Environmental contamination and associated disclosure (or lack thereof) can present a hook for the Task Force. ESG concerns in the Compass matter were secondary to material misstatements in the company’s earnings calls and other shareholder communication, as well as in its Form 10-K. But while ESG wasn’t the primary driver of the action, the Task Force used the mercury contamination as a means to build claims of disclosure failures, again looking to controls and procedures–rather than disclosure-based violations–that may be lacking as they relate to oversight of ESG-related matters.
From July 2018 to September 2021, BNY Mellon Investment Adviser, Inc. (“BNYMIA”) allegedly indicated to investors that all investments in certain of its mutual funds had undergone an ESG quality review as part of the investment process. While this was true for some funds, others included investments that had not received any such review.
The SEC charged BNYMIA with violating Section 206(2) of the Advisers Act, which prohibits an investment adviser from engaging in fraud or deceit but ultimately sounds in negligence; Section 206(4), which prohibits false and misleading statements to investors or prospective investors; and Section 34(b) of the Investment Company Act, which makes it unlawful for any person to make an untrue statement of material fact in filed documents. In its order, the SEC noted remedial efforts by BNYMIA, including revising certain disclosure language and the modification of relevant processes, policies and procedures.
Acknowledging advances in competing efforts by regulators and standards boards to develop non-financial reporting standards, investment advisers need to clearly incorporate (and follow) appropriate procedures into their investment practices. Adam S. Aderton, former Co-Chief of the SEC’s Asset Management Unit and a former member of the Task Force, stated: “Investors are increasingly focused on ESG considerations when making investment decisions. As this action illustrates, the Commission will hold investment advisers accountable when they do not accurately describe their incorporation of ESG factors into their investment selection process.”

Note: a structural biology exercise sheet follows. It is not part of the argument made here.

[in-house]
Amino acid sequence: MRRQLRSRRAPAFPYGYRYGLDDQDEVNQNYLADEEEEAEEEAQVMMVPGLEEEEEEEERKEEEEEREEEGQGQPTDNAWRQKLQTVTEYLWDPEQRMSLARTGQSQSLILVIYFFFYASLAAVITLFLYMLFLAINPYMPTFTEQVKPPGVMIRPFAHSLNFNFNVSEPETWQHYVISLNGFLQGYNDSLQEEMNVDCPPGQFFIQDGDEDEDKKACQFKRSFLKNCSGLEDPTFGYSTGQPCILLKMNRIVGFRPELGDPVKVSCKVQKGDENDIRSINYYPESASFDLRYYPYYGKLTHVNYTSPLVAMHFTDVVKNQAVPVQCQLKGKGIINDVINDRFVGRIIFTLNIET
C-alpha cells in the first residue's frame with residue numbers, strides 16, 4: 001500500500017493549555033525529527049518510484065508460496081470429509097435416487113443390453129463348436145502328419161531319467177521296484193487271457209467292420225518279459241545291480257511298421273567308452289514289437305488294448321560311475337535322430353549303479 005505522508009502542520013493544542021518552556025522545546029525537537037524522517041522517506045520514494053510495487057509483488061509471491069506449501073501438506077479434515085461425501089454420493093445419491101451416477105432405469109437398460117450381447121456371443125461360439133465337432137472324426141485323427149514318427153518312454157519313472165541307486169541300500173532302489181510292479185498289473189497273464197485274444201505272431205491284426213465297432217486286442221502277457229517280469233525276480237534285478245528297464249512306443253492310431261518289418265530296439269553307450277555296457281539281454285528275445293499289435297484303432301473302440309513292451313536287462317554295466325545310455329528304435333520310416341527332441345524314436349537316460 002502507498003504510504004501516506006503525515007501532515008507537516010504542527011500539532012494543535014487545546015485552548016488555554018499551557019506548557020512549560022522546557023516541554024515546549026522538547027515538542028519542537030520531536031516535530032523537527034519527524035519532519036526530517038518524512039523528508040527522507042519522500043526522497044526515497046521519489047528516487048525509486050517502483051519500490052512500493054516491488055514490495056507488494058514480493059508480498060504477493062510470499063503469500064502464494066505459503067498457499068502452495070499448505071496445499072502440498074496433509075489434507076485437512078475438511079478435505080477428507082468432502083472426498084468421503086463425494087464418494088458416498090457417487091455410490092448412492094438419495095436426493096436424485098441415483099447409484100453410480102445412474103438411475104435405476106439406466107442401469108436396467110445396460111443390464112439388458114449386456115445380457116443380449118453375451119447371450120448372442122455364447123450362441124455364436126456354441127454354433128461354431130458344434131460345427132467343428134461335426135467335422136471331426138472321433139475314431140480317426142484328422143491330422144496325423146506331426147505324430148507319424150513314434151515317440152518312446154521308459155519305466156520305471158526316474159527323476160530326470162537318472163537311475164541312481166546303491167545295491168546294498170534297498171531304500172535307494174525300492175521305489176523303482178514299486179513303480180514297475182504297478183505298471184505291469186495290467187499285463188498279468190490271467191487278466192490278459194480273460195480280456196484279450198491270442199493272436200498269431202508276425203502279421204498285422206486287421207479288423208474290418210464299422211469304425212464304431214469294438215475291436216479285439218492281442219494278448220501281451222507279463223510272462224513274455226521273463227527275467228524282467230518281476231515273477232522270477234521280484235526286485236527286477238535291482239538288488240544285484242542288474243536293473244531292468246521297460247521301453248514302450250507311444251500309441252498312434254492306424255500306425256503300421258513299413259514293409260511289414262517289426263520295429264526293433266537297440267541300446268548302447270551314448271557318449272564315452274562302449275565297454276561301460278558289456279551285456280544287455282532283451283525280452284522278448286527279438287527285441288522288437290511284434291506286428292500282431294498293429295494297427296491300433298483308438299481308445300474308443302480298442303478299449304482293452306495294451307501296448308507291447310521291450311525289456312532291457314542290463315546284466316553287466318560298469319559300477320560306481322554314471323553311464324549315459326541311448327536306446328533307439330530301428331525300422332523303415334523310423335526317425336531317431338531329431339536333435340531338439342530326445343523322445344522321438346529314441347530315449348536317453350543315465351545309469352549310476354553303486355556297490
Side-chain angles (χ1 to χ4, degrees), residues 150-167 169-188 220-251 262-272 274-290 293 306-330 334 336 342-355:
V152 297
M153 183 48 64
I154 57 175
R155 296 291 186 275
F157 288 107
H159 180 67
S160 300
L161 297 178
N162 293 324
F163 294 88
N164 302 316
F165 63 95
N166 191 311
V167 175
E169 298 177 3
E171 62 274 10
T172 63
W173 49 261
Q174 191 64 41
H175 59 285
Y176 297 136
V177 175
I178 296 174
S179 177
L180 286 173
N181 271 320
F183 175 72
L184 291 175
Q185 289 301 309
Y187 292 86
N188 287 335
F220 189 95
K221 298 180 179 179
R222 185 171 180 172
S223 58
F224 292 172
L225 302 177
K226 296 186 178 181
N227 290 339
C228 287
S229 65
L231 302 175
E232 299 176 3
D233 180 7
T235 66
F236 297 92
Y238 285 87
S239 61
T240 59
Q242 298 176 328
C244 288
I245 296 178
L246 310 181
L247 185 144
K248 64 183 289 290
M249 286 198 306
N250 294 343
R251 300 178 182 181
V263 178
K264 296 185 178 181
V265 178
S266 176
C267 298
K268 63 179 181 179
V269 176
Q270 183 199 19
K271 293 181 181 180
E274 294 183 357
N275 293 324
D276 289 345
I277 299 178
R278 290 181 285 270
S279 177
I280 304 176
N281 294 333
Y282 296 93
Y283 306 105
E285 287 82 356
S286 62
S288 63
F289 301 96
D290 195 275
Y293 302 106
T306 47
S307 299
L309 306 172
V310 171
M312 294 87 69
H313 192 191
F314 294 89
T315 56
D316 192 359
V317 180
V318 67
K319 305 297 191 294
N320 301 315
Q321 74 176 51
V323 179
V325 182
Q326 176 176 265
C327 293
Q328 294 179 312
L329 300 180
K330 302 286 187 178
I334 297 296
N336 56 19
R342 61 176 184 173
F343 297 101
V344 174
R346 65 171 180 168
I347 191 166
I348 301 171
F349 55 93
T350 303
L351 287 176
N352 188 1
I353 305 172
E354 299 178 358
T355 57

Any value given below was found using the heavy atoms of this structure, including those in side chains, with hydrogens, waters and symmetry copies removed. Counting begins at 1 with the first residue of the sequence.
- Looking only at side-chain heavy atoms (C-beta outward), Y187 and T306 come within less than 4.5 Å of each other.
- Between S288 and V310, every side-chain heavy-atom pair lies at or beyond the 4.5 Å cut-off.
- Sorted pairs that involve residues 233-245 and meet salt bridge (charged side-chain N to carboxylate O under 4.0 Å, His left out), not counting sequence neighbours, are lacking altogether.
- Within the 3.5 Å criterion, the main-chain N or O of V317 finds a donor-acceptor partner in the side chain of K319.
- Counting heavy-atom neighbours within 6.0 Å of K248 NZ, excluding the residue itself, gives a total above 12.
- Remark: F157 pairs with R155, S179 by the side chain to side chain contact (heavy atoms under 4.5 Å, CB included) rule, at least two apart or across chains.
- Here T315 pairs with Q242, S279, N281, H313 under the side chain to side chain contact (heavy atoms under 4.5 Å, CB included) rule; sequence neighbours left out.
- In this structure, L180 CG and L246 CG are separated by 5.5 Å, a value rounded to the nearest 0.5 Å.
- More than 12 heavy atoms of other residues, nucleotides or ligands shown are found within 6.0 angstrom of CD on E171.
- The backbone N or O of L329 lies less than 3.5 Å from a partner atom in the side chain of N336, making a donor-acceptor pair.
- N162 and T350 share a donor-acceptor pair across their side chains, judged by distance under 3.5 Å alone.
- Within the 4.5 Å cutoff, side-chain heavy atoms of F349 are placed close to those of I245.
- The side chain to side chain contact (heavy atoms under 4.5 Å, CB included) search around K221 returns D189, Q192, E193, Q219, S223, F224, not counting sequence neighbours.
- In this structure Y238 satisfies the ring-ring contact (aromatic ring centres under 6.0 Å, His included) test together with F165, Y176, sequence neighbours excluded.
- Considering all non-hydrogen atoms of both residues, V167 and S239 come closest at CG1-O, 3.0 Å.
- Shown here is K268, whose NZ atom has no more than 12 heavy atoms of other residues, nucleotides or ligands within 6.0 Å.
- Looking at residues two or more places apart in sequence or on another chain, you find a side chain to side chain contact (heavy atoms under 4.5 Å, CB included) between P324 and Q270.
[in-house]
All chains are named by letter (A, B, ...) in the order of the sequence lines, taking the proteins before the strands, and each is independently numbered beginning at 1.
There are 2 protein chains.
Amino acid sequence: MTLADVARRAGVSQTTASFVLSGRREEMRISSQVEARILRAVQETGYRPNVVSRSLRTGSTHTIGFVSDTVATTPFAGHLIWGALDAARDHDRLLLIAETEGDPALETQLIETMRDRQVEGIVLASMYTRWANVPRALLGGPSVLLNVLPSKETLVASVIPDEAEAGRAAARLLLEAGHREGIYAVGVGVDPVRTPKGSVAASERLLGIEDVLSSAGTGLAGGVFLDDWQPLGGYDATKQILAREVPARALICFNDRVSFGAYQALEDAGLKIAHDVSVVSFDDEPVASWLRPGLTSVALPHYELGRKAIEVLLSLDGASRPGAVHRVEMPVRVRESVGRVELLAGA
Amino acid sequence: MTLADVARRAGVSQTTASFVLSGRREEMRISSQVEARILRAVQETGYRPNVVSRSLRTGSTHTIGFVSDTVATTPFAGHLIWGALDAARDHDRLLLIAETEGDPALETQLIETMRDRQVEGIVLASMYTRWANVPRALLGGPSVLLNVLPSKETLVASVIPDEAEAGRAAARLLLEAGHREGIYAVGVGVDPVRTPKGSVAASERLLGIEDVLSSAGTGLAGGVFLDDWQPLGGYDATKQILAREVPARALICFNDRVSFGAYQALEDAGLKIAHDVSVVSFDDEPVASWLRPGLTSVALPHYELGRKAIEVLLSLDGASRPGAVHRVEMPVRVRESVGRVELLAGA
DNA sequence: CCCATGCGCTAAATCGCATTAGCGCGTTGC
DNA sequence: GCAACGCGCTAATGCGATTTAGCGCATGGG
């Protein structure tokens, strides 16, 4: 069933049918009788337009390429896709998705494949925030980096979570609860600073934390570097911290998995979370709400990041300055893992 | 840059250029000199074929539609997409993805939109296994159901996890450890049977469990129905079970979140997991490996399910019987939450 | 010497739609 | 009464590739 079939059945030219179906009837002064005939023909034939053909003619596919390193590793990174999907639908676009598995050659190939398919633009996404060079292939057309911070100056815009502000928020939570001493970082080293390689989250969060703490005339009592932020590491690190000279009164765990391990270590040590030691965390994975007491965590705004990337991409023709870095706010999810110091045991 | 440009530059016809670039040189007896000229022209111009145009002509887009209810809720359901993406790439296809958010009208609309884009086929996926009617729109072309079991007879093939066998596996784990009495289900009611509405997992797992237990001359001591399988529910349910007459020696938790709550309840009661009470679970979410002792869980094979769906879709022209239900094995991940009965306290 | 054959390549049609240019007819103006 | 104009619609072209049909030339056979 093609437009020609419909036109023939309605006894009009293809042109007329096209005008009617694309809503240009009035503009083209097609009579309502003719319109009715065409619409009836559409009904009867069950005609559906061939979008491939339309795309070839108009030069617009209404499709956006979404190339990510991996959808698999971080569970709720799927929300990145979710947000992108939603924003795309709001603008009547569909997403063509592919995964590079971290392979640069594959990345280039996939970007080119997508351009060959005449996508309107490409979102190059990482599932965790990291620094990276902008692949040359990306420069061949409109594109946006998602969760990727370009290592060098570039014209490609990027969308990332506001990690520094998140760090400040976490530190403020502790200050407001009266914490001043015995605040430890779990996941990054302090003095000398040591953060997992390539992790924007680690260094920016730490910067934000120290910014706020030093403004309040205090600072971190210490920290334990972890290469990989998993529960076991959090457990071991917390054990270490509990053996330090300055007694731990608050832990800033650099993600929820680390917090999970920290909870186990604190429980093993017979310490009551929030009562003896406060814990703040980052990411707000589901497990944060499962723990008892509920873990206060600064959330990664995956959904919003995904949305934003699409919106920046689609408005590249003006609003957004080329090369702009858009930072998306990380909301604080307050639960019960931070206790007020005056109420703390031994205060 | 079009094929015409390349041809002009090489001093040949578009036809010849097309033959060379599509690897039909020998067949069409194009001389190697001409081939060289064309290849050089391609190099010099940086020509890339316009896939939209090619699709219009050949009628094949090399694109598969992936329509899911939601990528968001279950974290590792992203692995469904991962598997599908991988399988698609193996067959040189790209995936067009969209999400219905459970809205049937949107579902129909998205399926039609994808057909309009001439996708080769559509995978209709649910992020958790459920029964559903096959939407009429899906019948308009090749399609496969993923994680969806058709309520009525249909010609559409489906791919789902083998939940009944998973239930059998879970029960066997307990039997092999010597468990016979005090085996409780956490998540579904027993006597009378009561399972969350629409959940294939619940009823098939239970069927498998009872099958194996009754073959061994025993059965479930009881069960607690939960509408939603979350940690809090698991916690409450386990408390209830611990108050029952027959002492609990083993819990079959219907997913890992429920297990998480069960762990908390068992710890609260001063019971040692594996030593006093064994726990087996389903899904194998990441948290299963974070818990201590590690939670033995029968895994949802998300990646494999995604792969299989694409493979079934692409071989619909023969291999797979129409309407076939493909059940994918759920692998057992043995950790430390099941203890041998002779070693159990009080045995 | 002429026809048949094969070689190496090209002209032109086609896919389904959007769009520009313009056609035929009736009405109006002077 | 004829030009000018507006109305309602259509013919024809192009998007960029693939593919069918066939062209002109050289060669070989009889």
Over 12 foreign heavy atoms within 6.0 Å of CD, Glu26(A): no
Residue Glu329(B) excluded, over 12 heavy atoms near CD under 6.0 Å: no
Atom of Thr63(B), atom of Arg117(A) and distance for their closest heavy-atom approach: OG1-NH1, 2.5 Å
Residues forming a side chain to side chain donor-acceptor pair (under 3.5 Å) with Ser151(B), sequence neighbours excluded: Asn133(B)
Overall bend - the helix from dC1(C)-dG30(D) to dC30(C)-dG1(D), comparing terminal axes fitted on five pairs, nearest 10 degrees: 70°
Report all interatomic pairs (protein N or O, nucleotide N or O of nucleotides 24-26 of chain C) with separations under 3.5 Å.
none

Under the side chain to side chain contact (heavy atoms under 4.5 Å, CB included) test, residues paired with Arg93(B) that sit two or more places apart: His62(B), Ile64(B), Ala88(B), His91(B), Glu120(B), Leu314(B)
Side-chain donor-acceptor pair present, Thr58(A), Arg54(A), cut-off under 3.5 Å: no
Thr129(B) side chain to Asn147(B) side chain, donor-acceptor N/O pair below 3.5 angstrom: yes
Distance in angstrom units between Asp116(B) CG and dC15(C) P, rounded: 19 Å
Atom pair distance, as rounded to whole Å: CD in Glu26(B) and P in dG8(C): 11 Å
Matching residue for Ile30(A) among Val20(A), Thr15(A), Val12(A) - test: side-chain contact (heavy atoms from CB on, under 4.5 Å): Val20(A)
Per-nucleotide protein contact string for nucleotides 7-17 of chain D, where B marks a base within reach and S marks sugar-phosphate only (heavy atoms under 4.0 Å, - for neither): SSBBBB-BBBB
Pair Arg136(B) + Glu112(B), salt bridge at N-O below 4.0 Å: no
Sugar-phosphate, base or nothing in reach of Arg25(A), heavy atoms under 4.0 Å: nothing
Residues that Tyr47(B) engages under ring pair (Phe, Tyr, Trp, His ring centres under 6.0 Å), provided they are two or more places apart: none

While the Task Force has not brought the flurry of enforcement actions that may have been anticipated at its announcement, it has reinforced the message that when it comes to ESG, governance–including having appropriate policies in place, executing proper oversight, and generally ensuring that any investor-facing language accurately describes the processes and actions in place at a company–is a critical area of focus.
 SEC rule, proposed May 25, 2022, available here.
 Based on the SEC’s settlement announcement and complaint. The company did not admit or deny the findings of the order.
 Based on the SEC’s settlement announcement and order. The company did not admit or deny the findings of the order.
 See, e.g., Bloomberg, Moody’s, MSCI, Refinitiv and S&P.
 Description based on the SEC’s settlement announcement and order. The settlement also covered material misstatements relating to the company’s salt production capabilities and costs associated with technology upgrades. The company did not admit or deny the findings of the order.
 Based on the SEC’s settlement announcement and order. The company did not admit or deny the findings of the order.
This post comes to us from Simpson Thacher & Bartlett LLP. It is based on the firm’s memorandum, “Tracking the SEC’s Climate and ESG Task Force,” dated April 26, 2023, and available here.